Nationwide Songkran celebrations kick off with colourful Bangkok extravaganza
H.E. General Tanasak Patimapragorn (centre) is joined by Miss Pranee Sattayaprakob, Deputy Permanent Secretary of BMA (left), H.E. Mrs Kobkarn Wattanavrangkul Minister of Tourism and Sports (2nd left), Mr. Kalin Sarasin, Chairman of TAT Board of Directors (right) and TAT Governor Mr. Yuthasak Supasorn (2nd right), at the opening of the Amazing Songkran Joyful Procession

H.E. General Tanasak Patimapragorn said, “The Amazing Songkran Festival Experience 2017 allows both Thais and international visitors to enjoy a deep appreciation of Songkran in Thailand and understand how it differs from region to region while uniting Thais in a spirit of respect and fun.”
After an opening ceremony which evoked Songkran traditions, the Amazing Songkran Joyful Procession took place on 8 April from 17.30 to 20.30 Hrs. and took a route down Sukhumvit Road, from the Phrom Phong Junction to Pathum Wan Intersection. The colourful procession, which opened the national Songkran celebrations was made up of six parts: 1) Amazing Blossom of Siam; 2) Songkran Goddess, Krini Devi who represented Songkran 2017; 3) Myths and traditions of Songkran told via floats, flowers and dances from the five regions of Thailand; 4) Green Songkran, represented by eco-friendly cars and the Earth of Green Songkran Show; 5) Songkran traditions of Cambodia, Laos and Myanmar; 6) The final parade will showcase classic and distinctive vehicles including rickshaws and tuk-tuks from many parts of Thailand.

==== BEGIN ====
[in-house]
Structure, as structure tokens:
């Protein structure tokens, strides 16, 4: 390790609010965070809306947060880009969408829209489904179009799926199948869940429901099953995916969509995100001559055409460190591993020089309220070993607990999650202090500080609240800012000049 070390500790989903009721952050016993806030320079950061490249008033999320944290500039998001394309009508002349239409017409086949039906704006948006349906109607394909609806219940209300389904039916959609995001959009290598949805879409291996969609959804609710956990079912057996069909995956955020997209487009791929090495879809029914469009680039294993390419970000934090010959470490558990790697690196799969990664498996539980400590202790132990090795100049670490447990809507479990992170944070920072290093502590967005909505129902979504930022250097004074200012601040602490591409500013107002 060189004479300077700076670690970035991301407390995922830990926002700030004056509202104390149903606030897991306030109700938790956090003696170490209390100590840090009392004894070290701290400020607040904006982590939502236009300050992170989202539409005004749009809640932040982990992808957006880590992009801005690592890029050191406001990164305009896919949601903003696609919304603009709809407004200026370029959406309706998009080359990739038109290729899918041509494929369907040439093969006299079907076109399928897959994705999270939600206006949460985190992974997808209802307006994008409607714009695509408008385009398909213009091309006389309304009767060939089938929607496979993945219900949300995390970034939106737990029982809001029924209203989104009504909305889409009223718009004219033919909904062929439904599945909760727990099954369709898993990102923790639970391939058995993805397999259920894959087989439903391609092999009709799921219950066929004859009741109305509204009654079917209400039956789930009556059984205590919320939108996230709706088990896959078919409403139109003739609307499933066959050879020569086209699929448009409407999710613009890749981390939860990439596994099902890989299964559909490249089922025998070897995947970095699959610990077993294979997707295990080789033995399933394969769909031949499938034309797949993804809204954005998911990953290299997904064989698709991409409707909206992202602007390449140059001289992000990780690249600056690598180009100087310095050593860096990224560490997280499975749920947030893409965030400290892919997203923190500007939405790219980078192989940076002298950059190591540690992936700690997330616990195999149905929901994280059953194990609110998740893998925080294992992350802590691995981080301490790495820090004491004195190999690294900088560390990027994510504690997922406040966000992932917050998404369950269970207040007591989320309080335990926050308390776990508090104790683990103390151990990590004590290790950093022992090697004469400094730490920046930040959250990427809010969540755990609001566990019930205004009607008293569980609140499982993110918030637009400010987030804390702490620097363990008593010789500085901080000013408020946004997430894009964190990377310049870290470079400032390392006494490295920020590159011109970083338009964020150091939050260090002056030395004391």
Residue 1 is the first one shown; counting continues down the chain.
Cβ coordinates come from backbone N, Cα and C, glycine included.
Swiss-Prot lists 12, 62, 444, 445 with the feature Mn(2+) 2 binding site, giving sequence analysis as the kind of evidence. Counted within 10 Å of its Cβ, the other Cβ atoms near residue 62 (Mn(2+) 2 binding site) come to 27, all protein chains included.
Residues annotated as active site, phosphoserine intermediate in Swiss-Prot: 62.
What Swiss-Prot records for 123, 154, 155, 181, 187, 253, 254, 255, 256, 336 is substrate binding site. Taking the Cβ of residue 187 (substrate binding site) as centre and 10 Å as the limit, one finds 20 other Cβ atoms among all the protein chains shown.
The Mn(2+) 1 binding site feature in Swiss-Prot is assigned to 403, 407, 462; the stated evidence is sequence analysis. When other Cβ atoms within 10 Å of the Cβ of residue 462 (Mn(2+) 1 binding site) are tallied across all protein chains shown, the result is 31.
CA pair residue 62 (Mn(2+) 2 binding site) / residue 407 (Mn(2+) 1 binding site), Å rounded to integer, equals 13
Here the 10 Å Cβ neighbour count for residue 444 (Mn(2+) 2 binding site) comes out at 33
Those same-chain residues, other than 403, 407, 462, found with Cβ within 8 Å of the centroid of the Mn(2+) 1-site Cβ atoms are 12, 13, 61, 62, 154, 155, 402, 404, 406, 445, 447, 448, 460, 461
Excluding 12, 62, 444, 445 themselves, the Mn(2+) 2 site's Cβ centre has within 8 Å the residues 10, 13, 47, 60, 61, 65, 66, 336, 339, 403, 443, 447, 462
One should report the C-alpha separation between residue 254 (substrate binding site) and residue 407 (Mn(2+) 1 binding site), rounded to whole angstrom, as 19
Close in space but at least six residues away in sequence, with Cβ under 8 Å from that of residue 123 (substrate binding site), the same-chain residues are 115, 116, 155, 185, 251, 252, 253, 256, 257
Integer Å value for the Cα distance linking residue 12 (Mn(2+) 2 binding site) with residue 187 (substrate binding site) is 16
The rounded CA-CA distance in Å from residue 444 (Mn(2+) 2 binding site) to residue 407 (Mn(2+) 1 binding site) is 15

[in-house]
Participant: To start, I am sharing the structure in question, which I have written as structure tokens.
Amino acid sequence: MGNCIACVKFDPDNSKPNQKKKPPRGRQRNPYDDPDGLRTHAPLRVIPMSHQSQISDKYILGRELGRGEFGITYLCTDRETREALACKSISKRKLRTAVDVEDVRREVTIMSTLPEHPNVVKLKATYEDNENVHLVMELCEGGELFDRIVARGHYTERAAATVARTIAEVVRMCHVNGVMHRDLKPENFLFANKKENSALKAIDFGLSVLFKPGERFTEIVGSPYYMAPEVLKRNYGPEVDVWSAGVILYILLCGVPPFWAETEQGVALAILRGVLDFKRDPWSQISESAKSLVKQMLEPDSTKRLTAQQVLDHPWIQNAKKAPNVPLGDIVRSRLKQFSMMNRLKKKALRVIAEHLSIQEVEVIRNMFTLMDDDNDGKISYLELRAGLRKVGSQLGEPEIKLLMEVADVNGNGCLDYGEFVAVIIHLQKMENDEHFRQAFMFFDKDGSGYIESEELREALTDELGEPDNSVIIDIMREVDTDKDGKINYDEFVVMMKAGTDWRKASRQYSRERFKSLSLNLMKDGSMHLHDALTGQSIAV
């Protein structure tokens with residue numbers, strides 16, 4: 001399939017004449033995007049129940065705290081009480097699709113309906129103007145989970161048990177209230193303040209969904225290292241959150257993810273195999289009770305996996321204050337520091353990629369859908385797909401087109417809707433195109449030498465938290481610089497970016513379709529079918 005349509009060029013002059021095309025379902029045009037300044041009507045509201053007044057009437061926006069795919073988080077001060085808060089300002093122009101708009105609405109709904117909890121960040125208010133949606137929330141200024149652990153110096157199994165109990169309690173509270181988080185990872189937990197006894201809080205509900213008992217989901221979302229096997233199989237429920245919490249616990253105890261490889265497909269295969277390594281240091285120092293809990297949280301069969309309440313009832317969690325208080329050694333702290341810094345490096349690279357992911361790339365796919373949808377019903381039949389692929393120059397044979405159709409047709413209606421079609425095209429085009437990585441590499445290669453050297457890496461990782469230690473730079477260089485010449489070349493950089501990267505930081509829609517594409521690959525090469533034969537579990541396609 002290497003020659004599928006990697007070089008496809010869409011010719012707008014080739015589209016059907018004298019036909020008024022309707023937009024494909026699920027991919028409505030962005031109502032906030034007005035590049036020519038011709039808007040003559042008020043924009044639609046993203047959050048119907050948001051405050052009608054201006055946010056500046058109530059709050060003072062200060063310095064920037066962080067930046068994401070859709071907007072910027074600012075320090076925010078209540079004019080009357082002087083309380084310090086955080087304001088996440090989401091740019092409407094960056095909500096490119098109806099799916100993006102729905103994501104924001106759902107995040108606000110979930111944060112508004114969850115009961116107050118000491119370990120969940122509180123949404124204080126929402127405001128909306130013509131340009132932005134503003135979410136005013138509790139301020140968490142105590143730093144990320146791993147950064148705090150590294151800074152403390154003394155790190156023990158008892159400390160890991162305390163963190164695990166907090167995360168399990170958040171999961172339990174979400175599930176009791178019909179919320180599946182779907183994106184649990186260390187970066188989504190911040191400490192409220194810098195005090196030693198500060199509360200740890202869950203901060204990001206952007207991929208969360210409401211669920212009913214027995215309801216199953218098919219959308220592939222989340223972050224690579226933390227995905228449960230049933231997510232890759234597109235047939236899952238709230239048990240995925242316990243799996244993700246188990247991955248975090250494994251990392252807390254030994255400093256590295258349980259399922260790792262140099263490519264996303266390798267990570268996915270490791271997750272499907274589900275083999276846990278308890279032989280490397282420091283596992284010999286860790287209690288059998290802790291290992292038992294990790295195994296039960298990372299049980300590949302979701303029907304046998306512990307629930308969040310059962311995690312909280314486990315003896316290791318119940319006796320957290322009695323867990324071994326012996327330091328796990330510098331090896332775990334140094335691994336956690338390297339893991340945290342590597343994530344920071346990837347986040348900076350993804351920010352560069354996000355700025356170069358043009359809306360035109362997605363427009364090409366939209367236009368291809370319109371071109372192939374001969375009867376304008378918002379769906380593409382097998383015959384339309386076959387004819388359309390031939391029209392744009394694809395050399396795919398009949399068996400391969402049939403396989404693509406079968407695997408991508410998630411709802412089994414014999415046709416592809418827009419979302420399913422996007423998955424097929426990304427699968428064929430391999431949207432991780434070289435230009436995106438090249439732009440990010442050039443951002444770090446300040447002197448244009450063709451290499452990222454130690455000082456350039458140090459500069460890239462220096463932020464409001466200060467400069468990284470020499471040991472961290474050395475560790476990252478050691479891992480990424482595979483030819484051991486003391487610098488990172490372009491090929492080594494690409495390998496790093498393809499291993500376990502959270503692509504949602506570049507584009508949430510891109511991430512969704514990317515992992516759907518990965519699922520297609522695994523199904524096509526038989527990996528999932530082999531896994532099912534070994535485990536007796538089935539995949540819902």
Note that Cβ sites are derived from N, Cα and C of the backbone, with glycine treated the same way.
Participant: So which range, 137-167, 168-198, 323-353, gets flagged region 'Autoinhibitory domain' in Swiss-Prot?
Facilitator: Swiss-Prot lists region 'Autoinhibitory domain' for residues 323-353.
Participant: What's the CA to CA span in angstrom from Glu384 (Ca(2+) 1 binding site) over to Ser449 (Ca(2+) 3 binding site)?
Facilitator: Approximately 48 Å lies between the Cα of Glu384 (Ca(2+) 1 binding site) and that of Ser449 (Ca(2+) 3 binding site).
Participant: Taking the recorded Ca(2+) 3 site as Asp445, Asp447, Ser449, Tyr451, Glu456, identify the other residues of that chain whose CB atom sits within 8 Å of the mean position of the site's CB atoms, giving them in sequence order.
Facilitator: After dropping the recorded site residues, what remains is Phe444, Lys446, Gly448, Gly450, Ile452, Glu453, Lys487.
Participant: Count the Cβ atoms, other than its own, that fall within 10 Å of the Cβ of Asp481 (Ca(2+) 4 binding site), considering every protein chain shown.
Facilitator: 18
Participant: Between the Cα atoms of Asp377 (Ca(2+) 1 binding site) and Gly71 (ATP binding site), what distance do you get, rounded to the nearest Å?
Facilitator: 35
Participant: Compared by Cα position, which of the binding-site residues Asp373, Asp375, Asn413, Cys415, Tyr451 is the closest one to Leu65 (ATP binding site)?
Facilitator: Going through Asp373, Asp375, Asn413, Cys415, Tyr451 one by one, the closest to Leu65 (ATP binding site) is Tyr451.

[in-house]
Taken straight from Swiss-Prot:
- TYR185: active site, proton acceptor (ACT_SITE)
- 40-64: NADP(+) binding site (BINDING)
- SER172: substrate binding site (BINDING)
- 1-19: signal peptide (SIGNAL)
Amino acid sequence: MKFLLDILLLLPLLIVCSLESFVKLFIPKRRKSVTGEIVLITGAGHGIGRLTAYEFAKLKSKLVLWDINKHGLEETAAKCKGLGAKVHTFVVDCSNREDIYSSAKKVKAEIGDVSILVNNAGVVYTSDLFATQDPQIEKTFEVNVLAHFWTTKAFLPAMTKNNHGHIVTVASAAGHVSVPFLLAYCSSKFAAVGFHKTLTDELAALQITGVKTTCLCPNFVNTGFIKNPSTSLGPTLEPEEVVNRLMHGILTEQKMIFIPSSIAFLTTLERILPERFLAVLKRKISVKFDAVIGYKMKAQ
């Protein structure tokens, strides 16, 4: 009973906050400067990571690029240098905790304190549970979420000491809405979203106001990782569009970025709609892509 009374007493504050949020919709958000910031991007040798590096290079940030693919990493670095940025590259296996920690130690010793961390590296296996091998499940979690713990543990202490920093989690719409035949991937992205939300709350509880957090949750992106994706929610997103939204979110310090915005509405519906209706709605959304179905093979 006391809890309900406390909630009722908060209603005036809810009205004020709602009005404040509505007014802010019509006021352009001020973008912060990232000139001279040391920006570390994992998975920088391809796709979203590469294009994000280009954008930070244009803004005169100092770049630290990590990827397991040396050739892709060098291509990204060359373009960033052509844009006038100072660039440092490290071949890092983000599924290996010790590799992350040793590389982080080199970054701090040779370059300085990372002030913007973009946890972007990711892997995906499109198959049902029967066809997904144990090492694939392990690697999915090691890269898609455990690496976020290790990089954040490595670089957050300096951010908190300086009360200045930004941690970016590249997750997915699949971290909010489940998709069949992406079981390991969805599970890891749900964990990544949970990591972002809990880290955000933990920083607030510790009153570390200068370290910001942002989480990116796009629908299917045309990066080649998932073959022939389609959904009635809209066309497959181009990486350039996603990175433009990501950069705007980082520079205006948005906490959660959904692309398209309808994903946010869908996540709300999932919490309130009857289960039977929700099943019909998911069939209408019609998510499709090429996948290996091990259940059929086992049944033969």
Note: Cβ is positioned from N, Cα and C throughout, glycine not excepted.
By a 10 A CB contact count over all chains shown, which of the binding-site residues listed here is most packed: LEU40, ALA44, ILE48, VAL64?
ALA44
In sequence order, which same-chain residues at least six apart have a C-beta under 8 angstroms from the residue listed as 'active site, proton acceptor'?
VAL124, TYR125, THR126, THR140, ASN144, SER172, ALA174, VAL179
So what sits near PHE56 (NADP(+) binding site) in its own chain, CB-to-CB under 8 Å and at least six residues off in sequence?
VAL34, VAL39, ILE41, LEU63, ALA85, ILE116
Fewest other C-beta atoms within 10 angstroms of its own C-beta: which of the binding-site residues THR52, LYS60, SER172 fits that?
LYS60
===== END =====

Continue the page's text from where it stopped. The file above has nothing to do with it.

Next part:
Nationwide Songkran celebrations kick off with colourful Bangkok extravaganza
The Amazing Songkran Joyful Procession showcased tradition, dances and colour from all the main regions of Thailand
.
The grand processions kicked off the five-day Amazing Songkran Festival Experience 2017 which will see the Sukhumvit side of Benjasiri Park divided into Four Zones until 13 April.
Zone 1 is where visitors can pay respect to the Buddha image, experience the ancient traditions of Songkran and learn how to make scented water and flowers displays in fun workshops.
Zone 2 showcases Songkran traditions in five regions, including Pee Mai Muang in the North; Boon Duen Ha in the Northeast, the ethnic Mon-style Songkran in the Central Region, and the Sri Maharaja Songkran from the East, as well as local costumes and the fishing culture from the South.